What is the medium format 'compression'?


Link Posted 06/01/2019 - 16:50
Here are three images. They've been snapped with three different lenses on three different cameras. One of them happens to be medium format. I tried to keep exposures in check but varying lighting conditions didn't help. I've cropped them so that the FoV is similar.

The most noticeable thing about the three images is that I can't see any major difference in the images in terms of they way they look. The idea of 'compression' isn't really visible.

Here are a few questions to hopefully create a nice discussion on an otherwise depressing Sunday (school's back tomorrow):

1) Can you guess which is the MF image, and maybe the formats and lenses used for the other images too?

2) Why would someone pick MF over FF or APS-C?

3) What is the fabled 'medium format look'?

4) If there's no obvious difference in images like this, why do people spend so much money on the next big thing?
Last Edited by HarisF1 on 06/01/2019 - 16:56


Link Posted 06/01/2019 - 17:02
images are a tad small when you click on them to be able to look at them properly, any guesses of mine are just that, guesses. The image doesnt really help either
1 mf
2 ff
3 Q

Ive never used mf but absolutely loved the look and feel of the body when I did pick one up.
Do I need FF, nope, but i am thrilled that I have one,
I know what i like, If not always why.


Link Posted 06/01/2019 - 17:39
The answers are within the images if you check the exif data. Looking at those highly reduced images further compressed by the PU algorithms (Image Magik?) it isn't immediately obvious. Show a 100% crop (pixel level) and the differences should be more obvious. Even so, the 645z image does look to have better definition as one would expect.
John K


Link Posted 06/01/2019 - 18:03
I agree with you guys, the images themselves don't show any major difference. The lenses used were the FA43, the DA645 55, and the Q 01 prime.

The full size images show that the DA55 has a thinner depth of field at f/8 compared to the FA43.

Equivalent images at f/2.8 for the MF and f/2.2 for the FA43 show that the MF lens has way better sharpness across the frame, while the FA really doesn't have much quality outside the centre of the frame.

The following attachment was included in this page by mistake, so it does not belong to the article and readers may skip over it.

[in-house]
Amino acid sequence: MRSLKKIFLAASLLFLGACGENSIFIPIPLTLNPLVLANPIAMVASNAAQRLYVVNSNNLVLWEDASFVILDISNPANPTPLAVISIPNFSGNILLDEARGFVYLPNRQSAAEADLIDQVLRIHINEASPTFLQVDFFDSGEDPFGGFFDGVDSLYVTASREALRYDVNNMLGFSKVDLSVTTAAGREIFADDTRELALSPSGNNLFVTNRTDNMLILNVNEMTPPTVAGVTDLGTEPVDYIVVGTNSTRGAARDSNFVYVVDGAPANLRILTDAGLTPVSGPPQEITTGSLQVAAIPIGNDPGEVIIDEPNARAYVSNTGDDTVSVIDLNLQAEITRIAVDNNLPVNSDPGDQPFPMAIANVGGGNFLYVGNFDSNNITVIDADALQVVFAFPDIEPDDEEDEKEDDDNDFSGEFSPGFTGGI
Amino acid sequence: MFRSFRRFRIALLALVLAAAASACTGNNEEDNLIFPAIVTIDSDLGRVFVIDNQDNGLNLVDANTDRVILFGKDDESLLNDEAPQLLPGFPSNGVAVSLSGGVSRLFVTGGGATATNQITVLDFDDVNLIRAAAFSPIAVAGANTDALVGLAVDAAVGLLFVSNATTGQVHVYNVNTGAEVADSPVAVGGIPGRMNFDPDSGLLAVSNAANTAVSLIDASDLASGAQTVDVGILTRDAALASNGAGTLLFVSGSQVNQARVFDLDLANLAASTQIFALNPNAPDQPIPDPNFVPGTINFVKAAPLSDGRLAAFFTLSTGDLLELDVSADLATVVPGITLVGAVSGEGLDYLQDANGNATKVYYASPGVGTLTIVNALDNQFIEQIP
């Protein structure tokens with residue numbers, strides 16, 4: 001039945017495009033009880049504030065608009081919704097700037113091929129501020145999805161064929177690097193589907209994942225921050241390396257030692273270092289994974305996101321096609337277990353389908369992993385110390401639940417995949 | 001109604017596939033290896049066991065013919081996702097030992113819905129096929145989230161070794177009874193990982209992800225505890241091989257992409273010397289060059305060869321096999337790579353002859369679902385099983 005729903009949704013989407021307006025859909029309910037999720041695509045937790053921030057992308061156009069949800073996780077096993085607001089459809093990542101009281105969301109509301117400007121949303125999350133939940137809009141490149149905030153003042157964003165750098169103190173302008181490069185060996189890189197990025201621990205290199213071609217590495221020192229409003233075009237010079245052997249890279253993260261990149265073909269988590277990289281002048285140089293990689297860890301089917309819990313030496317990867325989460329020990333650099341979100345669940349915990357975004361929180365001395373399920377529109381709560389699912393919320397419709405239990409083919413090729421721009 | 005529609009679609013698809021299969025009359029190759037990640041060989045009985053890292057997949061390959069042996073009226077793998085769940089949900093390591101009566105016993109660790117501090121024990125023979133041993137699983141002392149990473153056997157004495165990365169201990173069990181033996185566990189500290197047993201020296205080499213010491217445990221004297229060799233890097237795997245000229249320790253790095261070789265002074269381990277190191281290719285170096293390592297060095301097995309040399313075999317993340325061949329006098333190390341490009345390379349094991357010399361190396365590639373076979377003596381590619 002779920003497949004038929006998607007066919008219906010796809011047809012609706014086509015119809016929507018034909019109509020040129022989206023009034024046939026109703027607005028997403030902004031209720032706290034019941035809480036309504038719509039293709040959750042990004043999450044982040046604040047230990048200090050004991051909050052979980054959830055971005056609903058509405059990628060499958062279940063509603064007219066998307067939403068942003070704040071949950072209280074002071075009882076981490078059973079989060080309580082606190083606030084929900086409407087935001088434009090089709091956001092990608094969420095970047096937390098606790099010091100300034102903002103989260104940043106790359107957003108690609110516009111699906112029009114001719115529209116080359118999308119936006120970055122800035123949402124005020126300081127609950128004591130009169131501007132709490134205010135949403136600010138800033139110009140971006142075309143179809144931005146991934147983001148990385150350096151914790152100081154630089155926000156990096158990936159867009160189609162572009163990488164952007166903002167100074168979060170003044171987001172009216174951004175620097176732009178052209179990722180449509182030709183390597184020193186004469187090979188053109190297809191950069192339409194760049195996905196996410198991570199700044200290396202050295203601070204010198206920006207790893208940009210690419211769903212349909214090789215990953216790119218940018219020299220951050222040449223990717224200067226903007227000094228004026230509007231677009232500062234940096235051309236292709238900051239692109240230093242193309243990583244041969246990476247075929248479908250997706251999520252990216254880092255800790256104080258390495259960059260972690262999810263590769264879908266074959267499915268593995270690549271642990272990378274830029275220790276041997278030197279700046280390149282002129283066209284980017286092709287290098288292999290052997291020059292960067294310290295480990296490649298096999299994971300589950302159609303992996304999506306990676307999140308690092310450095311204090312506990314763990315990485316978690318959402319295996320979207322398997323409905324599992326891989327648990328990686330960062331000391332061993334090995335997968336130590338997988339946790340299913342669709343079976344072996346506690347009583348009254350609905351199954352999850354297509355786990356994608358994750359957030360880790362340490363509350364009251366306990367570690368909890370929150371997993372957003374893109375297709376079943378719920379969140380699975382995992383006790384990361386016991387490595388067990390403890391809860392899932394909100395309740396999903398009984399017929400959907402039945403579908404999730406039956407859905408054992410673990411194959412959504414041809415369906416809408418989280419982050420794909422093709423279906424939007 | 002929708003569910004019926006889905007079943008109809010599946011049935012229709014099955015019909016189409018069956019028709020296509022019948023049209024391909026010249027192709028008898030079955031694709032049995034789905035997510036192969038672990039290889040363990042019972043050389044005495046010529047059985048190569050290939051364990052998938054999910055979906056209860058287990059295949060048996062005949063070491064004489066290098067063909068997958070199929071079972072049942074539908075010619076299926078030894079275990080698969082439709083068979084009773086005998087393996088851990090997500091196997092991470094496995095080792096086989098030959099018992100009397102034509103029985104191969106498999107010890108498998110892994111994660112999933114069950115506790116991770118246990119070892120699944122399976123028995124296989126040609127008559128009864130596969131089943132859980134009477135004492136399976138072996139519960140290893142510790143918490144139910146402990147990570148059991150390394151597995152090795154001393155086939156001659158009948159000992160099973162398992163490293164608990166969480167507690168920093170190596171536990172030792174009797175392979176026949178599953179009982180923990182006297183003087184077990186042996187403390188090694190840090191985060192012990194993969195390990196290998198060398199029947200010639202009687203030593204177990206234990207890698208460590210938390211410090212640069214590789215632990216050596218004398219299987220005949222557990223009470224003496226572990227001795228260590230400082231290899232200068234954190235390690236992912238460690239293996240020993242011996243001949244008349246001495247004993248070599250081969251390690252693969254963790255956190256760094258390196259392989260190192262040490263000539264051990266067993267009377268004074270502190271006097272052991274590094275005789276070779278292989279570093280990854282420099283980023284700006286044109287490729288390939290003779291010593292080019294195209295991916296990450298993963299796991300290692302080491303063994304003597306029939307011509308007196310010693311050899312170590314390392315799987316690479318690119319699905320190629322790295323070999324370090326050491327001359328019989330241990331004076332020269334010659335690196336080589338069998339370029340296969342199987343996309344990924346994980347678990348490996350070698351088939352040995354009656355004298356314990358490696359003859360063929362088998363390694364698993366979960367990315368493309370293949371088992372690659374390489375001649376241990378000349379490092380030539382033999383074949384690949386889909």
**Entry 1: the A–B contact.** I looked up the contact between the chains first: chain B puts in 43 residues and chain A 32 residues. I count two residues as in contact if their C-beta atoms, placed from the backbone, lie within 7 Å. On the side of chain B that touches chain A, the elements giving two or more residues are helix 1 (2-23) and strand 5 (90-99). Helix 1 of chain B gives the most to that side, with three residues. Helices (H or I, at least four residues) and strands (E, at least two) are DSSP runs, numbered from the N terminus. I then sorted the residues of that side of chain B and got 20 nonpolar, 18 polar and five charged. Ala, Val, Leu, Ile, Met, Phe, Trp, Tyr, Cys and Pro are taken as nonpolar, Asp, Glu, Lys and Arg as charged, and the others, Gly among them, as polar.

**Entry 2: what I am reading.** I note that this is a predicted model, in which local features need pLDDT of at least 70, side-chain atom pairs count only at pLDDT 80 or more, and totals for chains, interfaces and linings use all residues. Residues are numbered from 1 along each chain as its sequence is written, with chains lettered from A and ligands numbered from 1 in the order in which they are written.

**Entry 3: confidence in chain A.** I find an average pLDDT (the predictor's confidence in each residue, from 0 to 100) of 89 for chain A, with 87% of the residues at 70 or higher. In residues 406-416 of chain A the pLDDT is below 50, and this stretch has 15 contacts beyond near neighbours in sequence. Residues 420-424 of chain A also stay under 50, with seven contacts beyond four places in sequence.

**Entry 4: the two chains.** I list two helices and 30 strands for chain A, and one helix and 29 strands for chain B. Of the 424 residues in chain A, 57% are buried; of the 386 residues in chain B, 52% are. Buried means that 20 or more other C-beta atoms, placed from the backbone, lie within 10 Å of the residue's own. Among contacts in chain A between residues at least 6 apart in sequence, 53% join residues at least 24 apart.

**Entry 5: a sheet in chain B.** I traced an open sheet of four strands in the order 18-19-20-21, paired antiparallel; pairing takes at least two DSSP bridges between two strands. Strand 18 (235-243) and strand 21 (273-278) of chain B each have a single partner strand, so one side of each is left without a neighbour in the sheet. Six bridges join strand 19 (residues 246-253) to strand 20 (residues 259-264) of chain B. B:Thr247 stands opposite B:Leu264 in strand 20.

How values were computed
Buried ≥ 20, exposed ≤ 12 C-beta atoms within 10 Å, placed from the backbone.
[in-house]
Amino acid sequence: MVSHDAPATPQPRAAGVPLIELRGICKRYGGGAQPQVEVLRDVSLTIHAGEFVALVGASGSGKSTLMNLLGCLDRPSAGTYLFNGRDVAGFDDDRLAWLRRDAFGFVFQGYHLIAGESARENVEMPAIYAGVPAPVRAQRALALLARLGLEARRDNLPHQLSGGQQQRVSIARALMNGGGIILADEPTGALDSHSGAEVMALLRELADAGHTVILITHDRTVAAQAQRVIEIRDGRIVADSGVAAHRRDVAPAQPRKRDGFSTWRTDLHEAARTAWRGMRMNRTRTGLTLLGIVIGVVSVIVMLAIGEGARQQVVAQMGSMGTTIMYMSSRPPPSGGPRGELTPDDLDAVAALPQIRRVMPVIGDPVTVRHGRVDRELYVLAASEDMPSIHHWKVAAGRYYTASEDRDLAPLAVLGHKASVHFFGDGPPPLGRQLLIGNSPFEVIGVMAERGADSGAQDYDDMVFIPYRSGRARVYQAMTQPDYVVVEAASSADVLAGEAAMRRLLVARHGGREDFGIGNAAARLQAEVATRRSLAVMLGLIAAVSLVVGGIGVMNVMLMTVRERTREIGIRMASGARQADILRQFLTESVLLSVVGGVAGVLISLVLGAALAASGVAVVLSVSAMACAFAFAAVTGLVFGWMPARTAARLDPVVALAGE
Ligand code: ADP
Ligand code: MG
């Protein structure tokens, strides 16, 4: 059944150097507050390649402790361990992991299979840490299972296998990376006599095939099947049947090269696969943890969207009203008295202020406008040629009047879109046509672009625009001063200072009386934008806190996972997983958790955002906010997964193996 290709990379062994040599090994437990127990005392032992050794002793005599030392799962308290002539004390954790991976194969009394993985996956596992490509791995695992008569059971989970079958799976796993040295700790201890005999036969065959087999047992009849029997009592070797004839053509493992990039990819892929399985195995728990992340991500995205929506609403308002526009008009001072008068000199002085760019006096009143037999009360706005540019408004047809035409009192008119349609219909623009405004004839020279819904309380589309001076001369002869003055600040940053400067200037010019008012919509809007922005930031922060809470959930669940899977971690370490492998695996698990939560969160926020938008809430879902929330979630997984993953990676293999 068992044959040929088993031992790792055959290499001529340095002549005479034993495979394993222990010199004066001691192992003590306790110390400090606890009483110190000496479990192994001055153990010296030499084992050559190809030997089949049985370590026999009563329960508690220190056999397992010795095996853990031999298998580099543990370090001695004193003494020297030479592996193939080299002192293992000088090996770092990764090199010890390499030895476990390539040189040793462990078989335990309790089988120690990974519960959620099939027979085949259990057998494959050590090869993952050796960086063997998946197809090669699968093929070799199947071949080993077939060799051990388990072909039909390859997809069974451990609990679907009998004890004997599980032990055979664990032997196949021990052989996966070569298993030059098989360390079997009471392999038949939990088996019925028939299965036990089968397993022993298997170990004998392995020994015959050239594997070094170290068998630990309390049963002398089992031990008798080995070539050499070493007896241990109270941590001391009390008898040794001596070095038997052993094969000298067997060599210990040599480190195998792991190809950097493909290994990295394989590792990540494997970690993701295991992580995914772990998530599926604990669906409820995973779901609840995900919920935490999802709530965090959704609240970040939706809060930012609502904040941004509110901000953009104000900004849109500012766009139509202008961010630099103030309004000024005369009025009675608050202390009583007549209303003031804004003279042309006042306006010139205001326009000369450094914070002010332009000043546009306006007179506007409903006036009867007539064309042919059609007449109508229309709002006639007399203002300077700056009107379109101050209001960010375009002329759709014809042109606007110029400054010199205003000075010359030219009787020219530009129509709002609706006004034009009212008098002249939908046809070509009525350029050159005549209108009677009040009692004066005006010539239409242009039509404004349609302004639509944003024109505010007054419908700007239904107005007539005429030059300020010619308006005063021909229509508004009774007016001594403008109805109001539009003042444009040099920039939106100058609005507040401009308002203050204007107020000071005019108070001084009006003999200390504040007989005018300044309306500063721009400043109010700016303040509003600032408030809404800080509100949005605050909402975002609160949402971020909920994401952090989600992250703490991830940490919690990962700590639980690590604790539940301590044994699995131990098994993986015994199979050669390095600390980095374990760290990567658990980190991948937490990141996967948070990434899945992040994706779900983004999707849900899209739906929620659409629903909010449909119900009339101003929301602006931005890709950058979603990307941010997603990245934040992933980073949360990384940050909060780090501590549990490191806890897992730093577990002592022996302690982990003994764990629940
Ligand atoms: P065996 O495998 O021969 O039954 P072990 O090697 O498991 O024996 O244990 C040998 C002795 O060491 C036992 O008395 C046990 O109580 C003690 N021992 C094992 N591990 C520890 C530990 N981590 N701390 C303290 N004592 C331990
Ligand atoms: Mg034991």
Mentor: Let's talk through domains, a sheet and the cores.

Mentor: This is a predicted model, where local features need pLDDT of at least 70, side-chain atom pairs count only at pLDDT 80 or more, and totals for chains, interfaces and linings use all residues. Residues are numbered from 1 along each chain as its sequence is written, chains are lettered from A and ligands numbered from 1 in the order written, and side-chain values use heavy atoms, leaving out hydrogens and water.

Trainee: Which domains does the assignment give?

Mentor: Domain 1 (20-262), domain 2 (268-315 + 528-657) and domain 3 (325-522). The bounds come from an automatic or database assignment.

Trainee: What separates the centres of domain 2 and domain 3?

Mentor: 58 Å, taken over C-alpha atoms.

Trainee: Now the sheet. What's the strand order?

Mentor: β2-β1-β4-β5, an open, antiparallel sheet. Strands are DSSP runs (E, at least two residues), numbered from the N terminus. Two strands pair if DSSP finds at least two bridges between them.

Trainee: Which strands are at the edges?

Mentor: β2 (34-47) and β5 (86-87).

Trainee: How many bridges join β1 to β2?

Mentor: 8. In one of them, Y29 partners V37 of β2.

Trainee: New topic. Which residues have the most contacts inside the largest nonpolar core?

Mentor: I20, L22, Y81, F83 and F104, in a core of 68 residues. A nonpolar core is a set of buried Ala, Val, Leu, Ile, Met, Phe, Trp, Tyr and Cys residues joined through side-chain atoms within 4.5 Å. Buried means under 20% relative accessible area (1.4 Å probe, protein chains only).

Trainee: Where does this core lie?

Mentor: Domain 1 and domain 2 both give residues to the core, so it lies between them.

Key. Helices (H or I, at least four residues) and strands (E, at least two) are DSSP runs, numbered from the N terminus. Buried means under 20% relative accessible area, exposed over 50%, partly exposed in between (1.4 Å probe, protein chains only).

Link Posted 06/01/2019 - 18:19
You're comparing 8.5mm, 43mm and 55mm lenses, which all behave as you would expect them to for their focal lengths. They may give similar fields of view on their appropriate formats, but will still have the DOF that 8.5mm, 43mm and 55mm lenses have. Hence the differences.

When you enlarge the images, perhaps making large prints, then the differences will be more obvious. Having said that, with the right subject a Q image can make a very nice A3 print.
Best regards, John


Link Posted 06/01/2019 - 18:47
HarisF1 wrote:

Why would someone pick MF over FF or APS-C?

Printing large pictures

My Flickr page


Link Posted 06/01/2019 - 19:03
It's based on feel rather than science, but I've always found when looking at portraits, medium format really shows its worth


Link Posted 06/01/2019 - 19:05
So what was the order of models used Haris?
I know what i like, If not always why.


Link Posted 06/01/2019 - 19:40
It's the FF first, then the MF, then finally the Q.

In terms of depth of field it really shows in the larger images, but here it's a bit less obvious.

If you want good looking images at normal print sizes then I don't think there is any difference between using the K-1 and 645Z. In fact I'd even say that a good APS-C camera would be just fine. The lenses available for the 645Z are slightly limited on the bokeh side, probably due to size constraints. You can probably get better DoF and portrait softness from the K-1 with a fast 85 or 135mm lens. You'll also find that it's easier to go wide with the K-1, as the widest lens for the 645Z costs around 2500 used and is the equivalent of a 20mm lens on Full Frame.

For the larger image size though, the 645Z makes pretty much every pixel count, and the better lenses are absolutely amazing across the frame.
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